Bloom in Residential Real Estate?

April 13, 1991

With the blooming forsythia of spring come the first fragile signs of life in the moribund residential real estate market. Nationwide, sales of new homes surged 16.2 percent in February, the biggest gain in nearly five years. Existing home sales for the month registered a 7.9 percent increase -- another five-year record.

The March numbers aren't yet out, but surveys by the Mortgage Bankers Association and the National Association of Home Builders suggest sales of entry-level homes, those typically purchased by first-time buyers, continued upward in March. Mortgage applications, buoyed by heavy demand for refinancing, are coming in twice as fast as they were this time last year. Housing prices are at their most affordable levels in 14 years.

If the pattern continues, and many economists believe it will, a housing revival could be the engine that leads the economy out of recession since it typically spurs spending on furniture and appliances. And there are other promising signals: consumer confidence is on the uptick after the gulf war; retail sales are up, and inflation is falling. An easing of the money supply by the Federal Reserve has fueled rapid money-supply growth and short- and long-term interest rates are down markedly from fall 1989 levels.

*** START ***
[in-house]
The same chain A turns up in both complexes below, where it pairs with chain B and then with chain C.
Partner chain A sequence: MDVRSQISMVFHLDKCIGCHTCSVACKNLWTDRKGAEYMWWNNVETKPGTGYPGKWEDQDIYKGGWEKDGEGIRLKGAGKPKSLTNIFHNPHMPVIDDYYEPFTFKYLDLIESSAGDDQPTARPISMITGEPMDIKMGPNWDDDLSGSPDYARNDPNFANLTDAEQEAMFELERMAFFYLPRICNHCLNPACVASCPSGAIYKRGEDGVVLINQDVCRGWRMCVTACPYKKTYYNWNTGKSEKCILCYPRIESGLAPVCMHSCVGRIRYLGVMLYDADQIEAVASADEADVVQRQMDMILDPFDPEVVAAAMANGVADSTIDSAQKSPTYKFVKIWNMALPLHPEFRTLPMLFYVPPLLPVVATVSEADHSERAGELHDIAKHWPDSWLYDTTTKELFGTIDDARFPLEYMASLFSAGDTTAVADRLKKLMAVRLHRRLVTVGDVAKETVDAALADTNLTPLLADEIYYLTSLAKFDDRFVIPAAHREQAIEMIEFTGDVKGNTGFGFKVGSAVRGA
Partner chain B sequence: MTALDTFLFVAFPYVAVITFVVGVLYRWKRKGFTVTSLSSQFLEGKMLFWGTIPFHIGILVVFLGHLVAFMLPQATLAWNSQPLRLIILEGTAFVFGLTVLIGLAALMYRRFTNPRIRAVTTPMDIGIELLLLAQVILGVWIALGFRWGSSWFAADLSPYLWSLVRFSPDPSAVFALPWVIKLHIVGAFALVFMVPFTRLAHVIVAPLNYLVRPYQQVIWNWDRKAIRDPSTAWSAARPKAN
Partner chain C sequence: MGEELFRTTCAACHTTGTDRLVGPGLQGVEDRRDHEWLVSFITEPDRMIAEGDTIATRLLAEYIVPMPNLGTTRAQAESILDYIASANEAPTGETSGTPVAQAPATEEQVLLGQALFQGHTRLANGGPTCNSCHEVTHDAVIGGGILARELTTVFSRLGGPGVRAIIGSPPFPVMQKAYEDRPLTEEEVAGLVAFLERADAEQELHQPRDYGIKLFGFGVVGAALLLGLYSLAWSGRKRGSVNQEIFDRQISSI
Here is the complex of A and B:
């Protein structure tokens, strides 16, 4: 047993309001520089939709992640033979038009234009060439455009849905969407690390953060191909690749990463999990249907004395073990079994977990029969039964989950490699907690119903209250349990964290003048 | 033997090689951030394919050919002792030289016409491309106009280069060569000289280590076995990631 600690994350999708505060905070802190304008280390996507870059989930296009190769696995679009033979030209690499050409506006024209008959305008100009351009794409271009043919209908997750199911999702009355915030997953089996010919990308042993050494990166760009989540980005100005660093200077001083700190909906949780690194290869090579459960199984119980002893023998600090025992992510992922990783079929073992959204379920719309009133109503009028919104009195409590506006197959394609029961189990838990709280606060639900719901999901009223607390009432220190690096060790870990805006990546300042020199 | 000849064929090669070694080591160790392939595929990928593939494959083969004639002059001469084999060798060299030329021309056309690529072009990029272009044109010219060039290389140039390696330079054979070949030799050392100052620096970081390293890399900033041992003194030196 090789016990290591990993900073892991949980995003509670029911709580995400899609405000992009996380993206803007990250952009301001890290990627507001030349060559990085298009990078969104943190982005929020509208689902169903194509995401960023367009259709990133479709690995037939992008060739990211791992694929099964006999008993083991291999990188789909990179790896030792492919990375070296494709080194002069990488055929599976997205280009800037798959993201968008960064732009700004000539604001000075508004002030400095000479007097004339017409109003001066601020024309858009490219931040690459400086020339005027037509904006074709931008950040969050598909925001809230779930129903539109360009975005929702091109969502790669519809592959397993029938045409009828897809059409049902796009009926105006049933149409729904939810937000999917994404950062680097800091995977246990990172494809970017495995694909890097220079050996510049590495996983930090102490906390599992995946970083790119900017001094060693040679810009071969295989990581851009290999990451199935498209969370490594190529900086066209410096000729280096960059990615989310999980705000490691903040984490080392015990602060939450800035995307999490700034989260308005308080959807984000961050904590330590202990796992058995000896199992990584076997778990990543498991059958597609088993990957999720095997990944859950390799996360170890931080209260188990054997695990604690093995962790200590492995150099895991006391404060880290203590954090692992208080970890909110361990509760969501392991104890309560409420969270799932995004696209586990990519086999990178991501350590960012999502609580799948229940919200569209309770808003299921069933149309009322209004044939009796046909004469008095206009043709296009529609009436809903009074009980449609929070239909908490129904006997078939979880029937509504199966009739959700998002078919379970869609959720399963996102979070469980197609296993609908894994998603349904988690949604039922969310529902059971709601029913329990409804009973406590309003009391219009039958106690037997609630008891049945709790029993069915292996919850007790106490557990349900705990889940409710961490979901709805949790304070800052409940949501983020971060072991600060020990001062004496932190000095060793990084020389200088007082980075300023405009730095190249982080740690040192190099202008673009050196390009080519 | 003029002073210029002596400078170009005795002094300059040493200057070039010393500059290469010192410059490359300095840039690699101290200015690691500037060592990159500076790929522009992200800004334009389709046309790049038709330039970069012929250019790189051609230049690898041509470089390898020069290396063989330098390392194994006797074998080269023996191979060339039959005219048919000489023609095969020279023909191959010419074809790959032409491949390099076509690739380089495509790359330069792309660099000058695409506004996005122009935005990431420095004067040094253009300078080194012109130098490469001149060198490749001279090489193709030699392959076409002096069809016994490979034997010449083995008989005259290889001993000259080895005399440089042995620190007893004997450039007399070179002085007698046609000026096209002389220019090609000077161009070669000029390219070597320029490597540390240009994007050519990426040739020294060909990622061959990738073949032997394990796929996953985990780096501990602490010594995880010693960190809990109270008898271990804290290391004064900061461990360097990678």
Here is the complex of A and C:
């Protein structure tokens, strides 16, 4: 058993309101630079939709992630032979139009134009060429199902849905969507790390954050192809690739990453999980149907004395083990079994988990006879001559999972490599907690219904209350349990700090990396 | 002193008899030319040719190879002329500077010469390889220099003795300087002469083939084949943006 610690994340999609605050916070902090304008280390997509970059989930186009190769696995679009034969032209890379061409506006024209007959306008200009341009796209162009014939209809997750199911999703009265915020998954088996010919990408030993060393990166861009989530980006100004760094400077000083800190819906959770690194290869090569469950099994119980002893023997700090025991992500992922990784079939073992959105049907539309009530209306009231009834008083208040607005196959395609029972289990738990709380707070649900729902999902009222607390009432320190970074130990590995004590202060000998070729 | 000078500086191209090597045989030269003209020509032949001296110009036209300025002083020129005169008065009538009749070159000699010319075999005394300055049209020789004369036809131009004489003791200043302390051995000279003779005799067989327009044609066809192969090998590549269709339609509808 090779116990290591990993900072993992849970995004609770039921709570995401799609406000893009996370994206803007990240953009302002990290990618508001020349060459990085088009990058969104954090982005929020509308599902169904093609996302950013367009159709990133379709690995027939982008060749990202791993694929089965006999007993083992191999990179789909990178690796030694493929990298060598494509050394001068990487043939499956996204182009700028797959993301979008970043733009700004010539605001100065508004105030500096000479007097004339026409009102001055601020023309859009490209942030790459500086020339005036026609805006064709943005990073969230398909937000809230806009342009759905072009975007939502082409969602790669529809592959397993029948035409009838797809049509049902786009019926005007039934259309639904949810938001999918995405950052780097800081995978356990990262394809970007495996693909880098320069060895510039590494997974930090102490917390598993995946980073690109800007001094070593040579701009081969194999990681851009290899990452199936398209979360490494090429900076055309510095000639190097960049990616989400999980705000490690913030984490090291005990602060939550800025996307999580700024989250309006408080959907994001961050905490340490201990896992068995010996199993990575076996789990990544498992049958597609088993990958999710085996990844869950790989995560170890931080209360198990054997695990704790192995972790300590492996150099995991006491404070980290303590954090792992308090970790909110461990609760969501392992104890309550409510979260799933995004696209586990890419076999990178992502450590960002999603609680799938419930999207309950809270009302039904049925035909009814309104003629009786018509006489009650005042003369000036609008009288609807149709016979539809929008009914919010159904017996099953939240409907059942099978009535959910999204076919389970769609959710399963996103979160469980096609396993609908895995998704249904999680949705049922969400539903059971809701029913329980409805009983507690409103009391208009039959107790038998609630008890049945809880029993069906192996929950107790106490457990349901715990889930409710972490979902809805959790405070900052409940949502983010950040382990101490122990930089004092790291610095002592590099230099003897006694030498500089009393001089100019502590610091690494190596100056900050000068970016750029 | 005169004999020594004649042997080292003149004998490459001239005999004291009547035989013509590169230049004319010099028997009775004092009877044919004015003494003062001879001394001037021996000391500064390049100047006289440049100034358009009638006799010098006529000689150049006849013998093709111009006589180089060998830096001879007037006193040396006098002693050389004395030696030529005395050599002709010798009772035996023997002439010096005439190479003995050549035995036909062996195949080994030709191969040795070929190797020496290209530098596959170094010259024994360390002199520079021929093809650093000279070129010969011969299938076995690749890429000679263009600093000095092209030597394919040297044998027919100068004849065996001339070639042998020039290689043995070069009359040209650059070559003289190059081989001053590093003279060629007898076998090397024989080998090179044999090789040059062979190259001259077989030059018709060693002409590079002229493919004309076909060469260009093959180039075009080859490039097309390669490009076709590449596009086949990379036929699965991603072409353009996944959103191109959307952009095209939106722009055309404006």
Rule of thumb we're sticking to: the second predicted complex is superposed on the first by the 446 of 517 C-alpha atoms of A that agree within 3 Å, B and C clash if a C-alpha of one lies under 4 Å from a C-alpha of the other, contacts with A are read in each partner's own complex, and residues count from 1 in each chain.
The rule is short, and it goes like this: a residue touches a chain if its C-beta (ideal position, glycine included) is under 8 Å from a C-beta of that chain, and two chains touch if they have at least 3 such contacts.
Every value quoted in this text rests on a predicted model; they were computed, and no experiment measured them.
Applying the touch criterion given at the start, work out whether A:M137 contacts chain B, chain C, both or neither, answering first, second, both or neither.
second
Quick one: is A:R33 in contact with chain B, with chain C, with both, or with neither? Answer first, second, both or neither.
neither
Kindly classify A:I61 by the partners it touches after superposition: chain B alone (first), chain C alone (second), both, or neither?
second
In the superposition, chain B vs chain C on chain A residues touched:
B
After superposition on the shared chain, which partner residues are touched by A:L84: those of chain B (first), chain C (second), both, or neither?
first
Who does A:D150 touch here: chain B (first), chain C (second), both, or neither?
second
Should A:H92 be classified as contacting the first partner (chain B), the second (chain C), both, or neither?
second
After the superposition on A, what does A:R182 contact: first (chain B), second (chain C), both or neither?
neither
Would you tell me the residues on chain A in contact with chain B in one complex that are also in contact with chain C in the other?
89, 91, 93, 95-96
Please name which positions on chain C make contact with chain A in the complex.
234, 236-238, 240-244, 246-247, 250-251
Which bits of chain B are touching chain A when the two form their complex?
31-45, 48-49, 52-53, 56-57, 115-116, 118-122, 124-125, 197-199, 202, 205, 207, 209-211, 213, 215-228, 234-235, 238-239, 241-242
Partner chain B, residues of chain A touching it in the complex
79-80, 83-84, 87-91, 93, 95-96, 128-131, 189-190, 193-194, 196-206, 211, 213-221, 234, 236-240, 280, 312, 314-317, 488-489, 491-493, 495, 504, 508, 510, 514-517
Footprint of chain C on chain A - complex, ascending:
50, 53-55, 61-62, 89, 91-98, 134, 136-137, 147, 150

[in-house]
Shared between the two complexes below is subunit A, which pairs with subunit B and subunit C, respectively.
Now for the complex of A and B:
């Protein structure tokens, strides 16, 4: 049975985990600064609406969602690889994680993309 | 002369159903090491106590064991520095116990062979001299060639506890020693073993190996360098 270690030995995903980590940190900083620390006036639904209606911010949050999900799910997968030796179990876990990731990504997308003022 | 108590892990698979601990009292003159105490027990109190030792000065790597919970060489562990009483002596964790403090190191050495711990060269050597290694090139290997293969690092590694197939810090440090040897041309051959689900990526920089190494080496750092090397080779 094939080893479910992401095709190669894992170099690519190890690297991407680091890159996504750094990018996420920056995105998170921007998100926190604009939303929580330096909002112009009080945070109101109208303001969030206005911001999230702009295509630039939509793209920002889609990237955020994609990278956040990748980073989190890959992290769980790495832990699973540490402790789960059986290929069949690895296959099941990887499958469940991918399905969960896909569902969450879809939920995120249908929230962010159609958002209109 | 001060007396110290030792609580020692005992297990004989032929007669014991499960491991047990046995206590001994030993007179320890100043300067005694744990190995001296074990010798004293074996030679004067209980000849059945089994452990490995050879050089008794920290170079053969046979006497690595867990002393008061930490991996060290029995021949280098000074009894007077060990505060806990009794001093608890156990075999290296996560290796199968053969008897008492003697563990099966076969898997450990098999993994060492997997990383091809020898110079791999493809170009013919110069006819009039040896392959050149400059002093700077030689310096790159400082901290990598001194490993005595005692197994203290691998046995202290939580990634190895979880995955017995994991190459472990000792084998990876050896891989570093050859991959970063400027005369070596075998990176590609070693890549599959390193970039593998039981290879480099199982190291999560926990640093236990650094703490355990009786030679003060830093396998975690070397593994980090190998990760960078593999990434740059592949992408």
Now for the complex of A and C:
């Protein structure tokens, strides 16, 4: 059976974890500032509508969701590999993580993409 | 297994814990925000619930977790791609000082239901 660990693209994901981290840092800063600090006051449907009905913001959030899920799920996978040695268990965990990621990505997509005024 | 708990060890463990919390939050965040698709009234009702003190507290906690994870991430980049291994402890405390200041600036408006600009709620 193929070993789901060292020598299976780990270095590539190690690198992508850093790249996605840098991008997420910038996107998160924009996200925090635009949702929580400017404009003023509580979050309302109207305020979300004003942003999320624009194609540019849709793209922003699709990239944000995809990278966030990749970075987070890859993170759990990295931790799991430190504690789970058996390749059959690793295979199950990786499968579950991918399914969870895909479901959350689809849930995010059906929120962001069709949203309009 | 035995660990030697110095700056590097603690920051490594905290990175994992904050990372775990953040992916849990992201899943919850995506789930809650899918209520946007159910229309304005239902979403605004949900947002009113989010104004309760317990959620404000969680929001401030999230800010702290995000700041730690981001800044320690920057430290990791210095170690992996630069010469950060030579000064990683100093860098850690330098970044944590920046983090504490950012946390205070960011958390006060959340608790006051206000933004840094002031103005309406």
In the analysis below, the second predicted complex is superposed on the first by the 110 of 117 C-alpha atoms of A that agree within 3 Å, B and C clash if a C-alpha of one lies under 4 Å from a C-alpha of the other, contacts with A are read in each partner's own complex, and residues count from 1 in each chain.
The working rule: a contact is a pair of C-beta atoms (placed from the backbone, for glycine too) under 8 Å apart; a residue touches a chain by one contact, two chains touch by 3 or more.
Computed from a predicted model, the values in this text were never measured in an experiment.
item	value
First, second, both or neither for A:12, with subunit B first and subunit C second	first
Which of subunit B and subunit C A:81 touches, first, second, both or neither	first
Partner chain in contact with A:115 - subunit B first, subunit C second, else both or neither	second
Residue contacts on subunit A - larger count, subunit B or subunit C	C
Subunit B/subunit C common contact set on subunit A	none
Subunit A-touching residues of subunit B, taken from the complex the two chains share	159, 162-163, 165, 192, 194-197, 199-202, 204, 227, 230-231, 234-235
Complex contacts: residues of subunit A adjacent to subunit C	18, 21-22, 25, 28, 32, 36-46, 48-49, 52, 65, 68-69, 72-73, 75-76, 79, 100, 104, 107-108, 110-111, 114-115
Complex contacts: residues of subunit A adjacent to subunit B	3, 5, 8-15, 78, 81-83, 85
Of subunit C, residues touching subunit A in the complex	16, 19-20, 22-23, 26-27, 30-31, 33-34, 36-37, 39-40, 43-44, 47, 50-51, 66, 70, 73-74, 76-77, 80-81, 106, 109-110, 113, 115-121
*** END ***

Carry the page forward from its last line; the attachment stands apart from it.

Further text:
But this suspected turnaround is by no means assured. Unemployment is inching upward and factory orders, a barometer of future manufacturing activity, fell in February for the fourth straight month. Of equal concern is the credit drought that could short-circuit building and export activity. And while local Realtors report a marked increase in traffic, the market is still lagging. Sales contracts on existing homes in the Baltimore metropolitan area, while an improvement over previous months, were off 11 percent in March.

"The big story for the nation and the region is, what will this recovery look like, how long will it last and how fast will the growth be?" said Charles McMillion, a senior fellow at the Johns Hopkins University Institute for Policy Studies.

Still, the local and national economic pulse, strengthened by what looks like a rebound in the housing market, is at its strongest point in quite some time. The recovery may not be imminent but there at least are a few reasons for optimism.

Baltimore Sun Articles
Please note the green-lined linked article text has been applied commercially without any involvement from our newsroom editors, reporters or any other editorial staff.